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Depression is a complex mental health disorder that that exeeds feelings of sadness.

What is Depression?

Depression is a complex mental health disorder that that exeeds feelings of sadness. It manifests as a persistent and pervasive sense of despair, often accompanied by a profound emptiness and an inability to find joy or interest in activities once enjoyed. Individuals grappling with depression may encounter a spectrum of symptoms that extend beyond emotional distress. Changes in appetite or weight, disrupted sleep patterns, fatigue, and difficulty concentrating become intricate facets of this complex condition.

The emotional toll of depression is profound, with feelings of guilt, worthlessness, and a distorted self-perception contributing to the overall burden. The weight of these emotions can lead to a sense of isolation, as those affected may withdraw from social interactions and struggle to articulate the overwhelming emotional turmoil within. Thoughts of self-harm or suicide may emerge as an alarming manifestation of the deep despair experienced by some individuals.

Depression transcends the confines of emotional well-being, infiltrating various spheres of life. It can strain relationships, hinder occupational functioning, and impede the ability to navigate daily responsibilities. The pervasive nature of depression underscores the importance of recognizing and addressing it as a legitimate health concern.

Treatment for Depression

Cognitive Behavioral Therapy (CBT)

Cognitive Behavioral Therapy (CBT) is a highly effective and evidence-based treatment for depression. At Light On Anxiety, our specialized therapists are trained to work with individuals experiencing depression to address their specific symptoms and concerns.

Through CBT techniques such as cognitive restructuring, behavioral activation, and problem-solving skills training, clients learn to:

  • Identify and challenge negative thought patterns.
  • Increase engagement in rewarding activities.
  • Develop healthier coping strategies to manage their symptoms.

Our therapists provide a supportive and collaborative environment where clients can explore their emotions, gain insight into their depression, and learn practical skills to improve their mood and overall well-being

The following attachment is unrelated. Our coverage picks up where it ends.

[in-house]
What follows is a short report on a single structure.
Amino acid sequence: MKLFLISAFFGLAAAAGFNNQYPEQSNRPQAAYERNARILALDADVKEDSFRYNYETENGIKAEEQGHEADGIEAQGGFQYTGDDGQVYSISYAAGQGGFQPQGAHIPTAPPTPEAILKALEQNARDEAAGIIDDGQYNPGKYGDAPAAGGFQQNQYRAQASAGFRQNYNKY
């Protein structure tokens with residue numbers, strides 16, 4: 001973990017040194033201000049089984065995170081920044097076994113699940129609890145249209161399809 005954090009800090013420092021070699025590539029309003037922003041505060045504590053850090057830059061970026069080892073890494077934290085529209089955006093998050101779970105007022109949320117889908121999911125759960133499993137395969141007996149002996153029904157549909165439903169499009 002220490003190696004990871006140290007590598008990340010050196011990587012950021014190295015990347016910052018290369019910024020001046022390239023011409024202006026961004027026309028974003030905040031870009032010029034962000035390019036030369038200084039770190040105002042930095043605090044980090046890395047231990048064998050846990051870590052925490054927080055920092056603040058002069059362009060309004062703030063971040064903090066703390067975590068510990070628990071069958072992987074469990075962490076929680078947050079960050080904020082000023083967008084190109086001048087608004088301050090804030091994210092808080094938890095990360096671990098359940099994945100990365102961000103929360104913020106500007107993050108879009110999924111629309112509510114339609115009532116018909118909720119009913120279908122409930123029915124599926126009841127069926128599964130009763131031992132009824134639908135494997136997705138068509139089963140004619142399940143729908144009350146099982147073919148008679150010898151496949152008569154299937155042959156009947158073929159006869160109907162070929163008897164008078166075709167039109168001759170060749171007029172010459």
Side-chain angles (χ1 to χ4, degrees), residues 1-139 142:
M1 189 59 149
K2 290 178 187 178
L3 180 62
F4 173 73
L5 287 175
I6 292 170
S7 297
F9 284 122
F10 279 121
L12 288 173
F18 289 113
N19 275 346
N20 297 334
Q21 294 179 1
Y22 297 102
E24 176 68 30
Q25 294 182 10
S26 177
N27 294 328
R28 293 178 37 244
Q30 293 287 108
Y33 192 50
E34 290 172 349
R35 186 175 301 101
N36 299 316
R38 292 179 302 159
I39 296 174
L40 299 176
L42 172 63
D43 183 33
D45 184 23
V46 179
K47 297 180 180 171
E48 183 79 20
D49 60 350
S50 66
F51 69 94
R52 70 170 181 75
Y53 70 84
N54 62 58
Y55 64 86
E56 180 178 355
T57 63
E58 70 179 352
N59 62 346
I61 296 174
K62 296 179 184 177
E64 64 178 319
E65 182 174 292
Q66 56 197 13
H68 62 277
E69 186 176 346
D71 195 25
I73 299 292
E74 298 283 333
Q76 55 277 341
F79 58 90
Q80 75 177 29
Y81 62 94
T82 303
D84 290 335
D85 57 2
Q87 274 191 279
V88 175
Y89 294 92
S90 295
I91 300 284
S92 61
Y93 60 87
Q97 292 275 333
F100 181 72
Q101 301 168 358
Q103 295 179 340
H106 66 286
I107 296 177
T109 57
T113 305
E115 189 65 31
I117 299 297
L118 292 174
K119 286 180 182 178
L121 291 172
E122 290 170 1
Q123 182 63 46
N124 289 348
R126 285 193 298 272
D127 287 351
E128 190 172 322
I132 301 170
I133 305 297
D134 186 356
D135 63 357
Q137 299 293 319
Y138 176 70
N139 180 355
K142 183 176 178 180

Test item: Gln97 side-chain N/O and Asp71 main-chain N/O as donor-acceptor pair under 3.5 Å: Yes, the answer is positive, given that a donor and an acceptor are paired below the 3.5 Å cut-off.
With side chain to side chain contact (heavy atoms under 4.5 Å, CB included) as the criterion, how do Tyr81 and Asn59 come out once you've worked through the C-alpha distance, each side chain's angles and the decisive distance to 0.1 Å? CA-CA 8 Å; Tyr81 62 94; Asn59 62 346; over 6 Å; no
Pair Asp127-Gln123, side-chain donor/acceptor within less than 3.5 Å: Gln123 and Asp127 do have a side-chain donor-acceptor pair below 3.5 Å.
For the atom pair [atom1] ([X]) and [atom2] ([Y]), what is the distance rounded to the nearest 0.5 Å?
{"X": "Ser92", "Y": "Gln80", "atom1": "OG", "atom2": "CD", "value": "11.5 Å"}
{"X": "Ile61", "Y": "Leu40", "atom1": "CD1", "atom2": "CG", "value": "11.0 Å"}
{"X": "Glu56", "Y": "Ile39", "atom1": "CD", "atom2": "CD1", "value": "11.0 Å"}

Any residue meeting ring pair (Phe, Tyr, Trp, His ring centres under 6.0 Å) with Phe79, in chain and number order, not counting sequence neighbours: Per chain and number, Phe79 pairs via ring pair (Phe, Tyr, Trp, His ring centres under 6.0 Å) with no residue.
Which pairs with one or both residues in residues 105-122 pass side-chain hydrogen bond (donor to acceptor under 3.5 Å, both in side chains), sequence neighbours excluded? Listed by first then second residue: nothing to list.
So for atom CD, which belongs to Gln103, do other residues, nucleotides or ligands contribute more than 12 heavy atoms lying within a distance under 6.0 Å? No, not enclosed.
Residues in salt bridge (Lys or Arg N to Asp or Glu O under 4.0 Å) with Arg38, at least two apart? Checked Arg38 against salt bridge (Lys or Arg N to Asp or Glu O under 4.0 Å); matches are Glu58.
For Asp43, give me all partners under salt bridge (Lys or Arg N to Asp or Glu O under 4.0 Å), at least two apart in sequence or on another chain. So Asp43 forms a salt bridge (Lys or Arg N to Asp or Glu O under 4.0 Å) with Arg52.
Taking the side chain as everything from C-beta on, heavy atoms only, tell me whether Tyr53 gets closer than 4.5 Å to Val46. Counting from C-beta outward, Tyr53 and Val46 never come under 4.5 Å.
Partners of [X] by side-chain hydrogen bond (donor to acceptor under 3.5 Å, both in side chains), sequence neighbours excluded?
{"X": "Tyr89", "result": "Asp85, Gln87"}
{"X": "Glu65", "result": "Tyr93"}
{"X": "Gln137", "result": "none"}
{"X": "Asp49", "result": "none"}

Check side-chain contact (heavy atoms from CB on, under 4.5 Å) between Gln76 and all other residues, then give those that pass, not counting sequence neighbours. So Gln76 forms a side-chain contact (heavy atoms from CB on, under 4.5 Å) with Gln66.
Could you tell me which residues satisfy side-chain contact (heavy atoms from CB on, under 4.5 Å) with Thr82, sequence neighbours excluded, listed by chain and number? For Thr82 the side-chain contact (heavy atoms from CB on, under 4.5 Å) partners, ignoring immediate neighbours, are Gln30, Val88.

Medication can be an important component of the treatment plan for depression, particularly for individuals with moderate to severe symptoms or those who do not respond adequately to therapy alone. At Light On Anxiety, our team of psychiatric providers collaborates closely with clients and therapists to assess their unique needs and develop personalized medication regimens.

Commonly prescribed medications to help alleviate symptoms of depression by increasing the levels of neurotransmitters in the brain include:

  • Selective serotonin reuptake inhibitors (SSRIs)
  • Serotonin-norepinephrine reuptake inhibitors (SNRIs)
  • Tricyclic antidepressants

Our approach to medication management prioritizes safety, efficacy, and collaboration with clients to ensure they receive the most appropriate treatment for their symptoms while minimizing side effects.

Integrating CBT + Medication

At Light On Anxiety, we offer integrated treatment plans that combine evidence-based therapy with medication management to address both the psychological and physiological aspects of depression. Our therapists and psychiatric providers collaborate closely to tailor treatment plans to each individual’s needs and preferences.

  • CBT helps individuals develop coping skills and address underlying cognitive and behavioral patterns contributing to their depression.
  • Medication can provide additional support by reducing symptoms and enhancing the effectiveness of therapy.

Our approach involves a careful integration of CBT and medication, depending on patient preferences and clinical needs, to address both the biological and psychological aspects of depression.

  1. Collaborative Treatment Planning: Our experienced team works collaboratively to create an individualized treatment plan that assists you in meeting your treatment goals as effectively and rapidly as possible.  
  2. Patient Empowerment: We believe in empowering you with comprehensive information about depression treatment options, allowing you to make informed decisions about your treatment journey.